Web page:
Opinion about medical use versus recreational use of cannabis was examined using a question with a five-point scale (cannabis should not be used at all, be used for medical purposes, be used for recreational purposes, be used for medical and recreational purposes, don’t know). Finally, participants were asked about their intentions to use cannabis within the context of regulatory changes. The question asked: “If you were 18 years of age and cannabis was legal, which of the following would you most likely do?” This question was based on a similar question from the Monitoring the Future survey6. The six-category response options were: not use it even if it were legally available, try it, use it about as often as do now, use it more often, and use it less often.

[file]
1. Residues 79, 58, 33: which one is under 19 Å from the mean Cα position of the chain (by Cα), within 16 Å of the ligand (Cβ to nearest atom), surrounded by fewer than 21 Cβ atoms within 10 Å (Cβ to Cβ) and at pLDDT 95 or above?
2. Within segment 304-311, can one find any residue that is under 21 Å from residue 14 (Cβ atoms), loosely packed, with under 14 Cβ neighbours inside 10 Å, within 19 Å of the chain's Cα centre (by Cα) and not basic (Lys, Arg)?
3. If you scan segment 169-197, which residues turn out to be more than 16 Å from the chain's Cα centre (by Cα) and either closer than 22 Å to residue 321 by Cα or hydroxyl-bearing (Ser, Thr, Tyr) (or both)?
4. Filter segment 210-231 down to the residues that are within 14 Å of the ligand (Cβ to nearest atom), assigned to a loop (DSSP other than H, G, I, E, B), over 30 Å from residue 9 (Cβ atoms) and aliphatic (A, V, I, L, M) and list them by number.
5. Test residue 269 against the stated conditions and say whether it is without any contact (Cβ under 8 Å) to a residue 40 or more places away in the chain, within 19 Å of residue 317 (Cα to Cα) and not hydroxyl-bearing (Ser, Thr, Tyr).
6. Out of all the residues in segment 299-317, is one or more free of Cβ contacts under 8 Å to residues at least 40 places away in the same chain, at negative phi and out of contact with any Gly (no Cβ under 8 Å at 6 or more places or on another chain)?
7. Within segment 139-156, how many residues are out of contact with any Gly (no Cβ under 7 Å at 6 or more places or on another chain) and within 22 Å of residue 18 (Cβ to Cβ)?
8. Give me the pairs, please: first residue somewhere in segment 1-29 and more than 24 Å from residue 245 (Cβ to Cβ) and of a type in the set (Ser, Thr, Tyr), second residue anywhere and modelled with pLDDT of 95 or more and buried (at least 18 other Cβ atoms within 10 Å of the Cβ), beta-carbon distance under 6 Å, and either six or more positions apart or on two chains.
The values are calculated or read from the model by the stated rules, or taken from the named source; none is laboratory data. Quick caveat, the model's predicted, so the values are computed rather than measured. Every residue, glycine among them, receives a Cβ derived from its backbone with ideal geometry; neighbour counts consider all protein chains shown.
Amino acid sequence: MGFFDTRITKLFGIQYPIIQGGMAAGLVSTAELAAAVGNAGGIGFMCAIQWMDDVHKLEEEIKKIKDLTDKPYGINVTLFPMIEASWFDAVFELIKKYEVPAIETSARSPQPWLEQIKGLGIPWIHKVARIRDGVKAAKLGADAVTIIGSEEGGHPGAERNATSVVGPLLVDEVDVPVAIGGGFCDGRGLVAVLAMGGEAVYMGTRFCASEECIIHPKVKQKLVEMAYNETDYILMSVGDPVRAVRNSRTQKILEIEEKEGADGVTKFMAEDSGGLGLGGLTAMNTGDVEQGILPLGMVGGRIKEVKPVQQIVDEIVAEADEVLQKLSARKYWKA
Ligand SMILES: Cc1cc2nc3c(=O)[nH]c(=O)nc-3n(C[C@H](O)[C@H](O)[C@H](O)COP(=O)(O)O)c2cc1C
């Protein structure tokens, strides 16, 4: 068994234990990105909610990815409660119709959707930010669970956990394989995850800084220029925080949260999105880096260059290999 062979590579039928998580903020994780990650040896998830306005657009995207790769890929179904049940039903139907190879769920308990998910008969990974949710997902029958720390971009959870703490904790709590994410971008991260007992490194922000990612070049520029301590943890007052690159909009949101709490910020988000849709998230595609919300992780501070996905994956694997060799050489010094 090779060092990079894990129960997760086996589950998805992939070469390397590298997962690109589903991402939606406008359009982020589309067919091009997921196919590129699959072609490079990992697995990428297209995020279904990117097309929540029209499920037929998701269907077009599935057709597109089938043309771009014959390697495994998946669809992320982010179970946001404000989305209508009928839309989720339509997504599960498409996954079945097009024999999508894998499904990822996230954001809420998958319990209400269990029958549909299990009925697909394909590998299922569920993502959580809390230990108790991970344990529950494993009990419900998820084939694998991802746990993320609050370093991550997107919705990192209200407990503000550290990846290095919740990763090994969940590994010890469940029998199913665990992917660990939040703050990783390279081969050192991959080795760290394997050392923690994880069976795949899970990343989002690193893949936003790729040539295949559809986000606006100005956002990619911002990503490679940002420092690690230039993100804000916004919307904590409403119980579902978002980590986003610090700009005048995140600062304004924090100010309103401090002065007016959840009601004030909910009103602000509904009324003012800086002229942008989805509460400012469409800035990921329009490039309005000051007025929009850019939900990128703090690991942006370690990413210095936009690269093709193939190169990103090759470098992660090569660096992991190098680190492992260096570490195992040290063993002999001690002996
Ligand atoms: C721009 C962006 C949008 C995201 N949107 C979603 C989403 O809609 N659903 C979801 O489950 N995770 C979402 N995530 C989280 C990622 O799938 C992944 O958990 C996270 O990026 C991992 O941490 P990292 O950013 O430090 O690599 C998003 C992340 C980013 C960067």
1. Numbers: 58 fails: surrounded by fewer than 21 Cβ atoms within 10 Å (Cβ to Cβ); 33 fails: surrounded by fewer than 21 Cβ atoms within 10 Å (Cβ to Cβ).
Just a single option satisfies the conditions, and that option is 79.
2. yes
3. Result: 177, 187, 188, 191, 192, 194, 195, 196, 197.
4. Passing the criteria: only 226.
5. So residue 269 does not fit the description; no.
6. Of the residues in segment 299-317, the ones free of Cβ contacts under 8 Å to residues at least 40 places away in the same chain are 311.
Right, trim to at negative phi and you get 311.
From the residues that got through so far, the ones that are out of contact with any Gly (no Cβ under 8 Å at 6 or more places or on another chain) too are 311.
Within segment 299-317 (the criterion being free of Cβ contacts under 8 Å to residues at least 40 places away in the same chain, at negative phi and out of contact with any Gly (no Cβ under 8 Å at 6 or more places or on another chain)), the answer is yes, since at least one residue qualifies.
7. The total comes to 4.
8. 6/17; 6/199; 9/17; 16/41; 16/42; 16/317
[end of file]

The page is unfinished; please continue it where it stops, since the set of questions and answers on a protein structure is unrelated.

Data gathering was divided into two phases: pretesting and administration of the instrument. In the first phase, the instrument was translated into two languages (Spanish and Portuguese). Researchers at each site performed a pre-test with secondary school populations similar to those required for this study. Administration of the instrument started with collection of informed consent from all subjects. Participation was voluntary, and confidentiality was maintained at all times. The questionnaire was administered using paper and pencil in a classroom/room at the selected school.

Data were analyzed using descriptive and inferential statistics. Descriptive statistics were used to describe demographic data and address research questions on prevalence, and inferential analyses were used to explore relationships.

A researcher in each city obtained approval for the study from the relevant ethics authorities at the National Drug Council, local department of education and the school board, and from the ethical committees at each affiliated institution. Next, active consent was obtained from parents and students.